As if it wasn’t bad enough that we have the Discovery Institute throwing ignorant criticisms at Judge Jones, now Larry Moran has joined their chorus of absurdity. He writes:
Apparently Judge Jones copied the most “scientific” parts of his decision from the ACLU ‘Findings of Fact and Conclusions of Law’ that was submitted a month before the decision was published. I’m told that this is standard practice. Judges often rely heavily on written submissions from the side they support. I’m told that it’s common for judges to copy from those submissions.
That may be true–I have no reason to doubt it–but it does make a difference to me. The legal significance of the decision doesn’t change but my opinion of Judge Jones does. He is no longer the brilliant man who was able to grasp complex scientific concepts in the blink of an eye. He’s able to discern who’s right and who’s wrong, but that’s all.
What a patently silly criticism. What does Moran expect, that Judge Jones was going to invent his own arguments? That’s not what judges do. When it comes to findings of fact, the judge does nothing more than determine which set of facts presented by the two sides is better supported by the evidence. Having decided that, can it really reasonably be argued that the difference between him being “brilliant” and being something less than brilliant is what percentage of the text he bothered to reword? Of course not.
Remember, we’re talking about maybe 20 pages out of a 139-page decision. We’re talking about a set of statements of fact, not legal arguments, where both sides presented their statements and the judge’s job is to determine which set is best supported by the evidence presented in the case. Had he made the very same statements, but used different words to say the same thing, would that make the opinion more or less valid? Nope. Does it have anything to do with how well he understood the issues? Not a bit.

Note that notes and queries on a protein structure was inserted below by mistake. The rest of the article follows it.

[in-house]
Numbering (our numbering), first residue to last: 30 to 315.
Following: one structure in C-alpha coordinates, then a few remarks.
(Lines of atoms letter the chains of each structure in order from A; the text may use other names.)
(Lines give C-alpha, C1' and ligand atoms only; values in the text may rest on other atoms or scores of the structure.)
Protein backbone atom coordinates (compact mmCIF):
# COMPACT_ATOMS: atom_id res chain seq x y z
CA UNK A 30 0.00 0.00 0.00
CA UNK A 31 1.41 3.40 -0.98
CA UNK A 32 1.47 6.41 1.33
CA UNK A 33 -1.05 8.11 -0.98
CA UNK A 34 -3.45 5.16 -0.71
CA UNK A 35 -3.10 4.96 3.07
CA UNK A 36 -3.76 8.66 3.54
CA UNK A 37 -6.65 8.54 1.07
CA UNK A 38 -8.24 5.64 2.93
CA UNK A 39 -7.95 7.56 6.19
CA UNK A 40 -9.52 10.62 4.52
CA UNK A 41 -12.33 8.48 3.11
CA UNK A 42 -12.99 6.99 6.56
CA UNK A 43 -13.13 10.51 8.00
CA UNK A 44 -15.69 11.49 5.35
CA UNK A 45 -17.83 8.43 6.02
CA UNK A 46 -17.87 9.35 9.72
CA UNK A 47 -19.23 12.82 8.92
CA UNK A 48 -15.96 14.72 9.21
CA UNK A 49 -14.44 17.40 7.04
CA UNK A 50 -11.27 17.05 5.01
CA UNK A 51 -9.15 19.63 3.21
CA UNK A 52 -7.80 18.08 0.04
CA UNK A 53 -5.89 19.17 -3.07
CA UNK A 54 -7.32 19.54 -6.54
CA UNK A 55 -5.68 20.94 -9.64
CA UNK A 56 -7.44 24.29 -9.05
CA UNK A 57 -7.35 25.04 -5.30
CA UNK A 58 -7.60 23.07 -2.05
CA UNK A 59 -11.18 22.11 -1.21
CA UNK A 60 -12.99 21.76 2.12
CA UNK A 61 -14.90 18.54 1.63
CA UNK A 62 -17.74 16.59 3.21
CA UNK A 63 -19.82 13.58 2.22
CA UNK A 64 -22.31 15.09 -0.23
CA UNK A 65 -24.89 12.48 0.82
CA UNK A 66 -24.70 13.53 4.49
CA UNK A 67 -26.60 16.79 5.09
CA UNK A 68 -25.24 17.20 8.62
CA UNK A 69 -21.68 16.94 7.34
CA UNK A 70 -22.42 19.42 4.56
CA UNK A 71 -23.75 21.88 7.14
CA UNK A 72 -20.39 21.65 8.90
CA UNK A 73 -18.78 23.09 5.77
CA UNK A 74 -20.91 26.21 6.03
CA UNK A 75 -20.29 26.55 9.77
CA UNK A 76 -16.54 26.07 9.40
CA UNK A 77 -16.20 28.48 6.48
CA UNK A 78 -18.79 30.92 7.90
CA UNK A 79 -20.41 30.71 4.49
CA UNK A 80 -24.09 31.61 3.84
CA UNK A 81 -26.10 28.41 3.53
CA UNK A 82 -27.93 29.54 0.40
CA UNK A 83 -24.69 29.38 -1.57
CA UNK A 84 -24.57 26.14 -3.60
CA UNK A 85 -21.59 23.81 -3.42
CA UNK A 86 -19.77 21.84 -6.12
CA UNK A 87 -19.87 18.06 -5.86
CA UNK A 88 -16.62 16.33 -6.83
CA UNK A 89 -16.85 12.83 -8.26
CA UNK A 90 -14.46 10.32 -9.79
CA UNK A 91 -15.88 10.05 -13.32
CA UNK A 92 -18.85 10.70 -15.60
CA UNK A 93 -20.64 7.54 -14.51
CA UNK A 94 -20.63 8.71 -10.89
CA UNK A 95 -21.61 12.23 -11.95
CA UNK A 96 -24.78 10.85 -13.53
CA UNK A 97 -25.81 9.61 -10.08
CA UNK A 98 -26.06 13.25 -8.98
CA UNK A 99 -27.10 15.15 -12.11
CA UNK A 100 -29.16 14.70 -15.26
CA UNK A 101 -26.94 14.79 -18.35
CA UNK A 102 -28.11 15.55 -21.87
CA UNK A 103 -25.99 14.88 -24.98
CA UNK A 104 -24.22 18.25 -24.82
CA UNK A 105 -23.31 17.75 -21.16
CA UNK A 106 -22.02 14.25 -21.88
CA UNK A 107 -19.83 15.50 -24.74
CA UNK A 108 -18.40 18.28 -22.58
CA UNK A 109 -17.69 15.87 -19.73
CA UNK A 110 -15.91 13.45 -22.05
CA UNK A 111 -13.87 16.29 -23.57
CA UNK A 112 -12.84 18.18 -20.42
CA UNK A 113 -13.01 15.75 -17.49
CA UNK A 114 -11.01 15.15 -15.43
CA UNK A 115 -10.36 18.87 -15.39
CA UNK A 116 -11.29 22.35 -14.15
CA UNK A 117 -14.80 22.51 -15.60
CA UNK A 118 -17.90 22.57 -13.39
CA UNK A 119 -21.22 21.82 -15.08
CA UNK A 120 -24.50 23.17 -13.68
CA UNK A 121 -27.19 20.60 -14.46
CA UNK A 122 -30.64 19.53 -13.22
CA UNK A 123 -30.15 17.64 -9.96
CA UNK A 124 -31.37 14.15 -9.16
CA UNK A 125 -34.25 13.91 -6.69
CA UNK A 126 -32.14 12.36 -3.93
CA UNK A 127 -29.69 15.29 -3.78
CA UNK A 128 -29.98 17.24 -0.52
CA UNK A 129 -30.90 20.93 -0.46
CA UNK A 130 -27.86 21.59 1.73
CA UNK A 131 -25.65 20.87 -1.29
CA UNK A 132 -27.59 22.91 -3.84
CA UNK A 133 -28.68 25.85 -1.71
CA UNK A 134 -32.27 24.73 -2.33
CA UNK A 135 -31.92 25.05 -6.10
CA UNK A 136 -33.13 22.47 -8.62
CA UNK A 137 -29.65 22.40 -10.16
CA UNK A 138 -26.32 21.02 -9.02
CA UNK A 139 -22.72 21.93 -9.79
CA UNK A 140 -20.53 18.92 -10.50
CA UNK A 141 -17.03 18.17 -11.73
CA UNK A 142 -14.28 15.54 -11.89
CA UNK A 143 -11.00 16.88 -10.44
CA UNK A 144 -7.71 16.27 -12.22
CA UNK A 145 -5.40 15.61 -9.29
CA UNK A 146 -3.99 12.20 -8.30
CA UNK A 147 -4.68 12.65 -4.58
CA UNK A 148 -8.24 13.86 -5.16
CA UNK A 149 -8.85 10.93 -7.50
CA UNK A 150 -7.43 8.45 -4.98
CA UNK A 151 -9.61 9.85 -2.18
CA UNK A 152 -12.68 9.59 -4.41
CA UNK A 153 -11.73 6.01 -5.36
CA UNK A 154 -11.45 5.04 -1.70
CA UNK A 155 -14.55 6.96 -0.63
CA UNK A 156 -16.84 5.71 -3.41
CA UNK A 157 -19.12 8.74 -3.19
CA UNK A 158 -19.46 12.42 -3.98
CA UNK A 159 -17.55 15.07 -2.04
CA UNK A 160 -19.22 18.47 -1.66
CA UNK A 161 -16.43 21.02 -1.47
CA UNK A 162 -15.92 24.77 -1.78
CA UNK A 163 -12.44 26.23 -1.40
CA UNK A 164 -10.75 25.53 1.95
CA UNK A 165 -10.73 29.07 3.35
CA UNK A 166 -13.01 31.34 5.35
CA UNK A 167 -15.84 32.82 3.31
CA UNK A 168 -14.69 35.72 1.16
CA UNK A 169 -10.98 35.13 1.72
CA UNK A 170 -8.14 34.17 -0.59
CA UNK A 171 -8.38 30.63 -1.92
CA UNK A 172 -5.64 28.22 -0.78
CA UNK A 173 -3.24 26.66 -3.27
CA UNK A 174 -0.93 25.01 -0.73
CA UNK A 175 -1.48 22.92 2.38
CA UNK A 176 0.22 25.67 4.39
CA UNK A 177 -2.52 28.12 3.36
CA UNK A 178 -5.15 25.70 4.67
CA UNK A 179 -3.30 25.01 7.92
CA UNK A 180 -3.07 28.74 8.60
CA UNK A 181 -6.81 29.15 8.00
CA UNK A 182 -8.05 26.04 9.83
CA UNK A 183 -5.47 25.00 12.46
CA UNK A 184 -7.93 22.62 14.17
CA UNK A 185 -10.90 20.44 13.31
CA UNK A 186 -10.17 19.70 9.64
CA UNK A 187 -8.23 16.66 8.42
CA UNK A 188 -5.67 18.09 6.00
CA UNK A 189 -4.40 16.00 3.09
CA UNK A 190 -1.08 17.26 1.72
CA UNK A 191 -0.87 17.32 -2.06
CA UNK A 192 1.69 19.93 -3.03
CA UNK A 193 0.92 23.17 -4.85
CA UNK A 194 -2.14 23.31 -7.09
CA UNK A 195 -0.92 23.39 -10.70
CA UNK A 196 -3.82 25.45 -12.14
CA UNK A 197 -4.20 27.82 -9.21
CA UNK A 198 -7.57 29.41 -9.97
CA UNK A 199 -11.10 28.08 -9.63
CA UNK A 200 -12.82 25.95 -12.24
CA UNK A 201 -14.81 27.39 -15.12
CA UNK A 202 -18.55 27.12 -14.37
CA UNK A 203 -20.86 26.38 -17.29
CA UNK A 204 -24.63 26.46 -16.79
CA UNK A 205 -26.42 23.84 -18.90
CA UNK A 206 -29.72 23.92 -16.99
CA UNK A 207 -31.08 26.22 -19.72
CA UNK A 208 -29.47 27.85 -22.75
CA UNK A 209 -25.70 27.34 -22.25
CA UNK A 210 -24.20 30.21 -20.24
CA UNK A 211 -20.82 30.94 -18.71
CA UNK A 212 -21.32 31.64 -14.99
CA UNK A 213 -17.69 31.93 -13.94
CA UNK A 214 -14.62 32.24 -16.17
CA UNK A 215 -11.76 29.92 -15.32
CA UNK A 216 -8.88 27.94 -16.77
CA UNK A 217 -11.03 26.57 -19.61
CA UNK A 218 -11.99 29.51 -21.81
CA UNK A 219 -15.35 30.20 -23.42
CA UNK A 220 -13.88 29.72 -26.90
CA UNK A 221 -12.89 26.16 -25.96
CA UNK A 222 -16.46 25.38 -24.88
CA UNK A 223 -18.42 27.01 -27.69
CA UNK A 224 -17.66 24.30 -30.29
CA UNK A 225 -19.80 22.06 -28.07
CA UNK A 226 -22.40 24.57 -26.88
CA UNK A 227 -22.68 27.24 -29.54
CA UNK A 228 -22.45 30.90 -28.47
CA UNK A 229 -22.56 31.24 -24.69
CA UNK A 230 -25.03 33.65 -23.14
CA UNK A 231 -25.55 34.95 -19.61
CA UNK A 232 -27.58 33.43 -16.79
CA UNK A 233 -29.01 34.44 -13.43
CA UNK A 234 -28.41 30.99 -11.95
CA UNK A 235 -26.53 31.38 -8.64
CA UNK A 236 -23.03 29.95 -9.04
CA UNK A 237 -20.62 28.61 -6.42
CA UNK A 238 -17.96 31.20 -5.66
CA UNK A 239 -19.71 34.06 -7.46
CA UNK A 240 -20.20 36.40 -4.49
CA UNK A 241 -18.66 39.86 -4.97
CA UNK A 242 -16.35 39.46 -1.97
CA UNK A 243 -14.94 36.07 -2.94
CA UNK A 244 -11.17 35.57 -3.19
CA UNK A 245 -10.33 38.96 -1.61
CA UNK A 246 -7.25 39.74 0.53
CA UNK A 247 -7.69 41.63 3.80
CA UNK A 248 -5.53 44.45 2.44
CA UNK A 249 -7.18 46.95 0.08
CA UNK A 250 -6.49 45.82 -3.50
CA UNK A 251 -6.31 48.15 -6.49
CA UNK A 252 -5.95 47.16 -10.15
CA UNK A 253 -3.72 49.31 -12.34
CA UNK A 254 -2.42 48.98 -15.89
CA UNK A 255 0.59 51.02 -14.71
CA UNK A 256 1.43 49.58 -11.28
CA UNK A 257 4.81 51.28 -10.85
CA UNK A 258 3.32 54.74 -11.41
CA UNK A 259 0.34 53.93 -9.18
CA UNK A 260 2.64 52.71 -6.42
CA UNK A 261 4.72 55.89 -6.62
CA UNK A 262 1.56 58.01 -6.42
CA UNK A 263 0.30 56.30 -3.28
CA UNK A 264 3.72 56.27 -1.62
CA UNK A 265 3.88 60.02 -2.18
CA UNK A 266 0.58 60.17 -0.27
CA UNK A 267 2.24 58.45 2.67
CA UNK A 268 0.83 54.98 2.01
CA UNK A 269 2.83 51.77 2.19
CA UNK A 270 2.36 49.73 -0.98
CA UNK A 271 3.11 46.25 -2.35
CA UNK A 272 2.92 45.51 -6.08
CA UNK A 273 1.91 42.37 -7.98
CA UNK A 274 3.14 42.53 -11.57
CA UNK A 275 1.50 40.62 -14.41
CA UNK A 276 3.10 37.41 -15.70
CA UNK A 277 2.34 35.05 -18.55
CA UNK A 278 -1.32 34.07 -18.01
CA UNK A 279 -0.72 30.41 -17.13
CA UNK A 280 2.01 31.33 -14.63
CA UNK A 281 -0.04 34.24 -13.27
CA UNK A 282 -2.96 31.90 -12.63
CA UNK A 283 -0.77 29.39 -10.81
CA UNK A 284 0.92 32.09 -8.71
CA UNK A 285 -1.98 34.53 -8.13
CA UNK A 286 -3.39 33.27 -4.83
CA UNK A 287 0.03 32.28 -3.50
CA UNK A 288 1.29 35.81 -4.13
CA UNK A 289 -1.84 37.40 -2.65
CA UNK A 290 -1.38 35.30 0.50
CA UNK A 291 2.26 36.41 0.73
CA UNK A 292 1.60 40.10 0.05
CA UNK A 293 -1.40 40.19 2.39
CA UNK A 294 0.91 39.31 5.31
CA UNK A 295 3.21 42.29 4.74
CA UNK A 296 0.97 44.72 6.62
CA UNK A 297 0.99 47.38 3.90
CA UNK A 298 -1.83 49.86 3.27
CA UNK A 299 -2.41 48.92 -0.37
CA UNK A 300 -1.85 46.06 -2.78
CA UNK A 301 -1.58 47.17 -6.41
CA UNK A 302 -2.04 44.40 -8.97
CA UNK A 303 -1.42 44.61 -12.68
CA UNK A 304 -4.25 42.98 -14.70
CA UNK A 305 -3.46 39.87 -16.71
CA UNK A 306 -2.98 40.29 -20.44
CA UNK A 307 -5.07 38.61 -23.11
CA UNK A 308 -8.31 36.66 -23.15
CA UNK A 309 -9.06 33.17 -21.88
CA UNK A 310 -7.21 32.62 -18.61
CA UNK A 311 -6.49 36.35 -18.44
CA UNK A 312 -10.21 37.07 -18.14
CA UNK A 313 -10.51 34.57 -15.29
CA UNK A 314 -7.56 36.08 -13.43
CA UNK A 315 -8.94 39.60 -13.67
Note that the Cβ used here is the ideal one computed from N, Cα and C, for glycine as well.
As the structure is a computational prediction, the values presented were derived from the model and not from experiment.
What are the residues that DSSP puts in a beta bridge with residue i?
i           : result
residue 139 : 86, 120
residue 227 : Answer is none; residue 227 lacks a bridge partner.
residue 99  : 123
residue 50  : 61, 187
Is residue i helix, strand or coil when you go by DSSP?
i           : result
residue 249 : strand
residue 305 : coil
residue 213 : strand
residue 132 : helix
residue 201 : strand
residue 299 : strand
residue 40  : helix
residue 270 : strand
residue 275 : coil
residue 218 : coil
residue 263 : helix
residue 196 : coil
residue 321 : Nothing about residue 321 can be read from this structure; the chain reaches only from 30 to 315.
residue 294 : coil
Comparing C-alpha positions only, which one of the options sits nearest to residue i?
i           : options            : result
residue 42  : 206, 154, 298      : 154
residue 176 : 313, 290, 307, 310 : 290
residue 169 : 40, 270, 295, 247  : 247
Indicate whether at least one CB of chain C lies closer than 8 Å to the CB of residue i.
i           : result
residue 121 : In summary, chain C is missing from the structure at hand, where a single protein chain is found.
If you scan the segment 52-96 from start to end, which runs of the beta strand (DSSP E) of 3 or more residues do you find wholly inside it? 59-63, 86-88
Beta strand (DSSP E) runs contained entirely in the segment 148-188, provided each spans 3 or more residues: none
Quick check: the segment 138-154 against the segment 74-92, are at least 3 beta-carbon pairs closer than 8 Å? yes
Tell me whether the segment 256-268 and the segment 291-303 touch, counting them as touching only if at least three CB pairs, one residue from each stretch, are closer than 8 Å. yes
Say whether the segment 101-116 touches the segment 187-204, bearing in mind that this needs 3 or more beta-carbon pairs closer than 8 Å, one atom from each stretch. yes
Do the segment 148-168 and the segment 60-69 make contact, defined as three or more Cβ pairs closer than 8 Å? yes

Now, the question is, who really wrote the ACLU “Finding of Fact?” Did they know from the beginning that the Jones decision had incorporated a lot of their material? If so, why did they leave us with the impression that Judge Jones “has taken the time to really understand not just the legal issues, but the scientific ones as well?”
Well Larry, I can answer those questions. The findings of fact were writen by the legal team,working with the various consultants in the case who were helping them on the scientific side (the expert witnesses, the NCSE staff, and even some others in our broader community). Every single one of us knew that the ruling had closely followed the proposed findings of fact.
I know this because the day the ruling came down, my phone rang off the hook (as well as the messaging software on my computer) and virtually every conversation started the same way: “Are you reading this? We won on every single argument we made. I could have written this decision myself.” The fact that the ruling so closely follows those proposed findings means one thing only: it means that we won the arguments. The other side phrased their arguments in precisely the same manner, even speaking in the voice of the judge (“This Court finds…”) precisely because that is what you want the judge to do.